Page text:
Warts: Causes, Removal, Types, Remedies, Treatment & More
Written By: Dr. Mona Mady
Dr. Mona Mady is a Specialist in Dermatology at the Rashidiya - Medcare Medical Centre. She obtained her MB BCh in General Medicine & Surgery, from the esteemed Kasr Al Aini Medical College & her Masters in Dermatology & Venereology from the Al Azhar University, both in Cairo, Egypt.
What is a Wart?
Warts refer to small growths or bumps on the skin. Warts have a rough, grainy texture & can grow on any part of the body, though they most commonly appear on the hands & feet.
Even though warts can be ugly in appearance & cause people to be self-conscious, they are generally harmless. However, most types of warts are contagious & can spread through touch. This is why many people choose to get their warts removed or opt for medical wart treatments as opposed to letting their wart disappear over time.
It is important to note that warts & moles are different. Warts are more likely to be skin-colored & do not contain pus unless infected.
Symptoms of Warts
There are several types of warts that you can contract & your symptoms will vary depending on the type of wart you have. Here are some common symptoms that warts are characterized by:
- Grainy, rough texture
- Brown or yellowish in color
- Bumps on the skin
- Surrounded by black pinpoints
Types of Warts
The type of wart you have depends on the location of the wart, the thickness of the skin in that area of the body, & the appearance of the wart. Most warts have been classified into five main types.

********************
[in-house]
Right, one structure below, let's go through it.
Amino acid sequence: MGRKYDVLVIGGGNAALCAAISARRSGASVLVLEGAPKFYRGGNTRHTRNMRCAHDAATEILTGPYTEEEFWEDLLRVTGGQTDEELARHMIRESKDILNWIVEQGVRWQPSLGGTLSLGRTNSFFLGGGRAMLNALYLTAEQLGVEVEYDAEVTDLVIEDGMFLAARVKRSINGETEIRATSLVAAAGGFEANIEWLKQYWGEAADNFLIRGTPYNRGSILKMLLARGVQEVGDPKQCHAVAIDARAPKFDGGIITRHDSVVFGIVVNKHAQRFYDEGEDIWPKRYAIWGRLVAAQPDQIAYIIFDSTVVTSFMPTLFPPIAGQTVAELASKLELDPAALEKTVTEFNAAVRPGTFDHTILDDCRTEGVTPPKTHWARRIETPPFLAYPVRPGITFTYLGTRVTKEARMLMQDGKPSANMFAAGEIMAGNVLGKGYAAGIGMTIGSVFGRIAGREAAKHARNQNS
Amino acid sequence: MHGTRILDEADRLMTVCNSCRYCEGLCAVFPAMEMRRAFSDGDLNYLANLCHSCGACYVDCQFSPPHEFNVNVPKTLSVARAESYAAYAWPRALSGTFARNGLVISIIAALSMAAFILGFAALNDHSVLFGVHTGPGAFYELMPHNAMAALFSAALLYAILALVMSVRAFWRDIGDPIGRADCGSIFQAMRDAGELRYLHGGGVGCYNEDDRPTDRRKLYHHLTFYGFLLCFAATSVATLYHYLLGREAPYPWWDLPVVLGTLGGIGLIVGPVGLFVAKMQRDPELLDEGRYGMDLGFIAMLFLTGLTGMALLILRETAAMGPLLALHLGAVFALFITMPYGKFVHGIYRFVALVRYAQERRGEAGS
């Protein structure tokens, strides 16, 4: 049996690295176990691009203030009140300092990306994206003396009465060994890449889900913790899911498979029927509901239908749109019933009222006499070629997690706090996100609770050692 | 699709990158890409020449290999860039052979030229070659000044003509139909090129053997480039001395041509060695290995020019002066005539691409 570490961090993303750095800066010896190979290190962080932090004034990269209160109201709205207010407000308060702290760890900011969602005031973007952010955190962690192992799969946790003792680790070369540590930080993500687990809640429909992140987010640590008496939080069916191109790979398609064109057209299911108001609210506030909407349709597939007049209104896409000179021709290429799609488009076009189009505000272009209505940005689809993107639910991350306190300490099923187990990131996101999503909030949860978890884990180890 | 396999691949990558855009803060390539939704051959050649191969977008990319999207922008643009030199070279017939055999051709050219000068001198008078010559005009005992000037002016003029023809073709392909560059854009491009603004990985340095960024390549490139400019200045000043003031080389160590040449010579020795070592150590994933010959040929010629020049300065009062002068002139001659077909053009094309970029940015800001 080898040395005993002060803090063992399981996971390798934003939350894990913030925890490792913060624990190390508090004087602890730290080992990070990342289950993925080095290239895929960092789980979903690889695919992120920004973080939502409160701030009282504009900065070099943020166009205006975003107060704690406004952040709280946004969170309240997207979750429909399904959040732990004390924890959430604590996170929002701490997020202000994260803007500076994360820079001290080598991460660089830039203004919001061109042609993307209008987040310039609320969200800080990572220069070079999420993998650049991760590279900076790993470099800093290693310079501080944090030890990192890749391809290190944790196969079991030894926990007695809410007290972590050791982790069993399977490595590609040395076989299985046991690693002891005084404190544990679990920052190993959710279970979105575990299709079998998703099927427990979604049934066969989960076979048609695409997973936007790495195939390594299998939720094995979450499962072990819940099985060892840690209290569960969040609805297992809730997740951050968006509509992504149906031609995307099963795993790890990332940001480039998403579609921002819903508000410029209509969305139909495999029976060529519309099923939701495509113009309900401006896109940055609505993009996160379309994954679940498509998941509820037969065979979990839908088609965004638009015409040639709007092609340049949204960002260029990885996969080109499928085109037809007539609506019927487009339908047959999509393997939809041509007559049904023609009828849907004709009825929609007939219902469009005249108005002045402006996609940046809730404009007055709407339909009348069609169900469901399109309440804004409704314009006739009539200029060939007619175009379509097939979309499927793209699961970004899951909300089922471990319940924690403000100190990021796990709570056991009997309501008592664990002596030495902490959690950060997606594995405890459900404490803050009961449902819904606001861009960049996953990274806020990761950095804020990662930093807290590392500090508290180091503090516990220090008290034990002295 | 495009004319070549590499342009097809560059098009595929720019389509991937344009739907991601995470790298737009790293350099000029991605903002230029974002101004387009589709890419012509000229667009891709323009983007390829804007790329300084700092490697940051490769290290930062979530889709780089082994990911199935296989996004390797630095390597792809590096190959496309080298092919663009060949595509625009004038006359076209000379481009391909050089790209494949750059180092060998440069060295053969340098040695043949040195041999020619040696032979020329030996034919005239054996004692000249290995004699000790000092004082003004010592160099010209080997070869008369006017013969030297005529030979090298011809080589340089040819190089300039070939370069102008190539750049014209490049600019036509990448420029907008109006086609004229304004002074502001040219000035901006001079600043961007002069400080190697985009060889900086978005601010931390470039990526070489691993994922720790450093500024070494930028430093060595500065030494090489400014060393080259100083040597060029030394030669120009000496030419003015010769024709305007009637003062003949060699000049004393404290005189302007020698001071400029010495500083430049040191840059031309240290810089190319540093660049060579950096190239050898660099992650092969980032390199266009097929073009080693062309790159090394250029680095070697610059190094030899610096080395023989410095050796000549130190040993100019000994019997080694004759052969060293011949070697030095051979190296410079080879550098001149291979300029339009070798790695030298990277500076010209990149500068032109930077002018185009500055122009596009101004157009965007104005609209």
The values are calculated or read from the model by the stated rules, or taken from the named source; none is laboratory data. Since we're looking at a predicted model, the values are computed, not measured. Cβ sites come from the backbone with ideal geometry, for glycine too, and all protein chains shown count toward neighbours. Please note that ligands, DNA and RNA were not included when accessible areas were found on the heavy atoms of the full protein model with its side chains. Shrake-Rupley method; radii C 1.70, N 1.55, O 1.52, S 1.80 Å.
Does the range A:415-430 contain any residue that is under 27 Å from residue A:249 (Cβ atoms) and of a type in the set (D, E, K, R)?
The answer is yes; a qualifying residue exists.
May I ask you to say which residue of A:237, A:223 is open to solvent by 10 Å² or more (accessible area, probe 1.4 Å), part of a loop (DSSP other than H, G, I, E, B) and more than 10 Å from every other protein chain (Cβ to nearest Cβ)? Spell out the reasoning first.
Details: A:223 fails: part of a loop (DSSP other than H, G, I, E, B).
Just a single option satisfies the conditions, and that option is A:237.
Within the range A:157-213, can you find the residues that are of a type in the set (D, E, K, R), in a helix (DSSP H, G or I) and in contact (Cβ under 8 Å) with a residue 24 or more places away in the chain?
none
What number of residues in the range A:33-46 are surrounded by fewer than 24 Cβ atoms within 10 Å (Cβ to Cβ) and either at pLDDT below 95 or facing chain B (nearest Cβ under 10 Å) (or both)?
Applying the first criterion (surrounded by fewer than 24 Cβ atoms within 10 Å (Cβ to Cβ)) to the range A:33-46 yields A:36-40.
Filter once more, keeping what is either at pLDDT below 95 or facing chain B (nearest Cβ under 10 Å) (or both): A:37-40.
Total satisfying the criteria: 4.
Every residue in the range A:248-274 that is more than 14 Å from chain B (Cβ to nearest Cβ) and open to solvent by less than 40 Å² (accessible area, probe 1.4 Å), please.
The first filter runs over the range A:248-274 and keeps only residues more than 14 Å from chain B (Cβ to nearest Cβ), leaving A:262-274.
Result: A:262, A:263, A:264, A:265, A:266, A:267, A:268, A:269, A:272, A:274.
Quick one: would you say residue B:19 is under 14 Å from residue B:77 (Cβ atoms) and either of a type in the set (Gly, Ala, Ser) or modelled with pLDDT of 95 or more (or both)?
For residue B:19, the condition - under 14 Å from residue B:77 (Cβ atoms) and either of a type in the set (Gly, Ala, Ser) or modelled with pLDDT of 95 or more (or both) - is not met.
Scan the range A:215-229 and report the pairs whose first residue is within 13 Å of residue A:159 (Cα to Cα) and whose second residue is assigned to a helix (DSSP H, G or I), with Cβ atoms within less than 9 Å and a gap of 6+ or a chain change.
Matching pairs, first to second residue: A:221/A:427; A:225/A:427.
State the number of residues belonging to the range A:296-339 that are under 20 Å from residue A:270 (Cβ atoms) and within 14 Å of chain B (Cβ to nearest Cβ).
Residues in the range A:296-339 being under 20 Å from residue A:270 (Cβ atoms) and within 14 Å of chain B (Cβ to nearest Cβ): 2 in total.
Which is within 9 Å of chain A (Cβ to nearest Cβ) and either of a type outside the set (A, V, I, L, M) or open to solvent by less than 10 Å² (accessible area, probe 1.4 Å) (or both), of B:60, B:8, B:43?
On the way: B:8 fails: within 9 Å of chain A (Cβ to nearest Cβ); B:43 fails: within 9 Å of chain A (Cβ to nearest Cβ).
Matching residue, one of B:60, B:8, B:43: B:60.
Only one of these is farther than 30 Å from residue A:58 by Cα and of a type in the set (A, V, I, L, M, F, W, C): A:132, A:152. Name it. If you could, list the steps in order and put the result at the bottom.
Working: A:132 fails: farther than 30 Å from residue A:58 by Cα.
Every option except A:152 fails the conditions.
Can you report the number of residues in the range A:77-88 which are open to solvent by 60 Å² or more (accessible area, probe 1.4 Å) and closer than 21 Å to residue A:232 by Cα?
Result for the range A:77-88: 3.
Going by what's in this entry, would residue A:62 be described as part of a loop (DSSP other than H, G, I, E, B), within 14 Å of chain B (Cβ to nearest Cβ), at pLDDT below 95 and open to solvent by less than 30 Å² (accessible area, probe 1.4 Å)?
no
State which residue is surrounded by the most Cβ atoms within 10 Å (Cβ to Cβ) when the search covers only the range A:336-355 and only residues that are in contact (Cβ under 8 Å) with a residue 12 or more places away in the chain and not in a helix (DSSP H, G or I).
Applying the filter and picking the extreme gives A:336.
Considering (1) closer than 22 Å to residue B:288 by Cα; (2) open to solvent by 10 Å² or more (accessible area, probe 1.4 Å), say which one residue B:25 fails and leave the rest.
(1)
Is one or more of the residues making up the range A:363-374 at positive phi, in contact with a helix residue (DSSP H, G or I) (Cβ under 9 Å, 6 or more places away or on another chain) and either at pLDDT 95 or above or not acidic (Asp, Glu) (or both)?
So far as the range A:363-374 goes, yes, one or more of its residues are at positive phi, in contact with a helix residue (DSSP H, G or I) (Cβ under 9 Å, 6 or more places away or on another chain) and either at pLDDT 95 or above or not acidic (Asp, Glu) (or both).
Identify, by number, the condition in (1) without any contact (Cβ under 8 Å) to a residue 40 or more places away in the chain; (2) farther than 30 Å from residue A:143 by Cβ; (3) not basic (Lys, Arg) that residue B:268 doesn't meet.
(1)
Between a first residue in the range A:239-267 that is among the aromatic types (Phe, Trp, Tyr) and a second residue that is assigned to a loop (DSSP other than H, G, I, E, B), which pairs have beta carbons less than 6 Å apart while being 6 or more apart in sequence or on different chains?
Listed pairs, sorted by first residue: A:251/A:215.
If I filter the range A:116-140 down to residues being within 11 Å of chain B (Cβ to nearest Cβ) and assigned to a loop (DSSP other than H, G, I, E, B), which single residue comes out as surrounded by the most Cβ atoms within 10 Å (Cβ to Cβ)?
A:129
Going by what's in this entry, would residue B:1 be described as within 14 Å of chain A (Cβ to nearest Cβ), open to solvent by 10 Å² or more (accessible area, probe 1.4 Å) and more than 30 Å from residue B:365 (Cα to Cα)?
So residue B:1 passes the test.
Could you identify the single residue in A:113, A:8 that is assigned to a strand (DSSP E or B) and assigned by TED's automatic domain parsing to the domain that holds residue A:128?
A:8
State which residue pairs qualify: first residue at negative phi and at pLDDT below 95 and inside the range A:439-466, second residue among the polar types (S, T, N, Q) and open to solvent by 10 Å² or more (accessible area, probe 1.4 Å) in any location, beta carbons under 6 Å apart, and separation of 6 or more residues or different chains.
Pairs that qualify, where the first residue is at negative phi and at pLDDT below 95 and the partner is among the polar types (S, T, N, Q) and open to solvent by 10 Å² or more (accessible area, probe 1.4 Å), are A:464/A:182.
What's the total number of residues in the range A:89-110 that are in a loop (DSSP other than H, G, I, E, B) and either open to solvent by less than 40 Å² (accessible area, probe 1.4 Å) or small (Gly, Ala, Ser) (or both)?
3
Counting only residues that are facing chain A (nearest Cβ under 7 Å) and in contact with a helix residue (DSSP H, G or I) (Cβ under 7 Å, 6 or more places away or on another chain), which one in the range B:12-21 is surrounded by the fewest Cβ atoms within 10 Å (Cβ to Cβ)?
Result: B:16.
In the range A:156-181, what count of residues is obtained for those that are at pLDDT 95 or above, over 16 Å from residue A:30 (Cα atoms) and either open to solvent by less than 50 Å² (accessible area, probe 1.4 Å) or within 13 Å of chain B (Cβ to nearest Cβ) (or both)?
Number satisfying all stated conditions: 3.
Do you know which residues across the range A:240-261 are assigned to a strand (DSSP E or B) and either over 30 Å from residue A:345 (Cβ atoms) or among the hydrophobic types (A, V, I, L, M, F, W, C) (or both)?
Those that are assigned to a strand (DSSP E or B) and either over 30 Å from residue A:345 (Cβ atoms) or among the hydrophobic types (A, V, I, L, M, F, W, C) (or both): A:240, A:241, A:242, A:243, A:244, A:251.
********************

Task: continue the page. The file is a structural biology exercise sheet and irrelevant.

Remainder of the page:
Common Warts: In most cases, common warts, medically termed verruca vulgaris, are found on toes, fingers, knuckles, elbows, & knees. They have a rounded top, a grainy texture, & often take the shape of a cauliflower. Common warts which cause clotted blood vessels to appear on the skin are known as seed warts.
Plane Warts: Plane warts, medically termed verruca plana, are characterized by a flat, round, & smooth appearance. They may be skin-colored, brownish, or yellowish. They are most commonly found on areas of the body that are often exposed to the sun such as the face, arms, & thighs. Plane warts appear in large numbers but are also most likely to subside & disappear quickly without any treatment.
Plantar Warts: Plantar warts are most commonly found on the sole of the feet & grow into the skin as opposed to protruding out of it. They are characterized by a hole in the skin in the center surrounded by hardened skin. They can be extremely difficult to clear.
Filiform Warts: Long & thin in shape, filiform warts commonly grow around the mouth, nose, on the neck, or under the chin. They are skin-colored with a thread-like & spiky texture, & they grow fast.
Periungual Warts: Periungual warts are found under and/or around fingernails & toenails. As a result, they often adversely affect nail growth & can cause pain.
When to see a doctor for warts?